New Mexico Gun Laws The state of New Mexico has many laws in regards to firearms and
how they are to be legally used. This includes those outlines in
Statutes Chapter Thirty, Article Seven, named Weapons and Explosives.
Rather than govern firearms through local governments, New Mexico has
set state laws that disallow local governments from restricting firearm
use and possession. Before 1986 this state had a law that did not allow
concealed weapons. After an alteration, New Mexico now allows citizens
to carry concealed weapons with legal permits. Since New Mexico is one
of the "shall issue" states, loaded firearms are allowed to be carried
when a permit has been issued.
To apply for a permit an individual must be over the age of twenty-one
and be a New Mexico resident. These permits state which concealed
weapon is to be carried and of which caliber. Once a certain caliber is
validated, all lesser calibers may be carried without other permits.
A training course must be passed and a minimum of fifteen hours must be
spent at the firing range and in the classroom to prove gun proficiency
for each caliber. Each of these permits lasts four years, however a
proficiency test must be renewed every two years.
Despite the issuance of permits, firearms are illegal inside public
schools, federal buildings, and restaurants with liquor licenses.
Permit holders may carry a loaded concealed weapon into a store that
sells liquor if the alcohol is to be consumed elsewhere.
Weapons Permits Unlike other states New Mexico allows the concealed weapons
permits of other states to be valid inside New Mexico's borders. These
include the states of:
Wyoming, Virginia, Texas, Tennessee, South Carolina, Oklahoma, Ohio,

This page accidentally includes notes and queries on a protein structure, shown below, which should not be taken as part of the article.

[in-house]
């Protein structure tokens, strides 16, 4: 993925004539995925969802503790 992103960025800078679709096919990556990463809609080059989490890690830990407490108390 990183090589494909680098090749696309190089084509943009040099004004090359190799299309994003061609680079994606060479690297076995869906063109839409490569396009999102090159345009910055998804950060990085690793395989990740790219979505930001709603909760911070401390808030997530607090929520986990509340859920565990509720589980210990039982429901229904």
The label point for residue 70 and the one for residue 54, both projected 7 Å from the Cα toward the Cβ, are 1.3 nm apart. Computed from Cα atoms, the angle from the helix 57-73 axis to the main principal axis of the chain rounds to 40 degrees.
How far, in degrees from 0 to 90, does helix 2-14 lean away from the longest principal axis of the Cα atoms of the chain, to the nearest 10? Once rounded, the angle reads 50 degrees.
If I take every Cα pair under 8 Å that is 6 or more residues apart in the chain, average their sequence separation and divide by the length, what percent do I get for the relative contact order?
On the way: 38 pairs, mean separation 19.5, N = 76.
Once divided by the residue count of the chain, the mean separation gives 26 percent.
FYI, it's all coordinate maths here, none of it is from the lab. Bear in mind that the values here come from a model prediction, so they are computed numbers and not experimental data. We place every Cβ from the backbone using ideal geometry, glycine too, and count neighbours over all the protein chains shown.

North Dakota, North Carolina, Montana, Missouri, Minnesota, Michigan,
Kentucky, Florida, Delaware, Colorado, Arizona, and Alaska.
Along with the "shall issue" stance, New Mexico also has an "extended
domain" stance. Extended domain states that a motor vehicle is a legal
place to contain a firearm--concealed or openly--and is an extension of
an individual's home. Firearms then are lawful to be carried inside
vehicles without certain permits, but if an individual leaves his or
her home or vehicle, the weapon must be concealed--loaded or unloaded.
Unloaded firearms can be carried into most establishments, unless
otherwise stated or if there is alcohol on the premises.
Other Weapons New Mexico does not require that firearm owners be licensed to
own handguns, shotguns, or rifles. Law also states that rifles,
handguns, and shotguns do not need to be registered nor are permits
needed to purchase these kinds of firearms. Permits are also not
necessary to carry shotguns and rifles.
Firearms can be purchased from other states that have the same firearms
laws as New Mexico. The law also states that those who have been
convicted of felonies may not transport, receive, or possess any kind
of firearm. These rights may be restored after a ten-year waiting
period has passed since the sentence's completion, if a sentence was
deferred, or if the individual was later pardoned for the offense.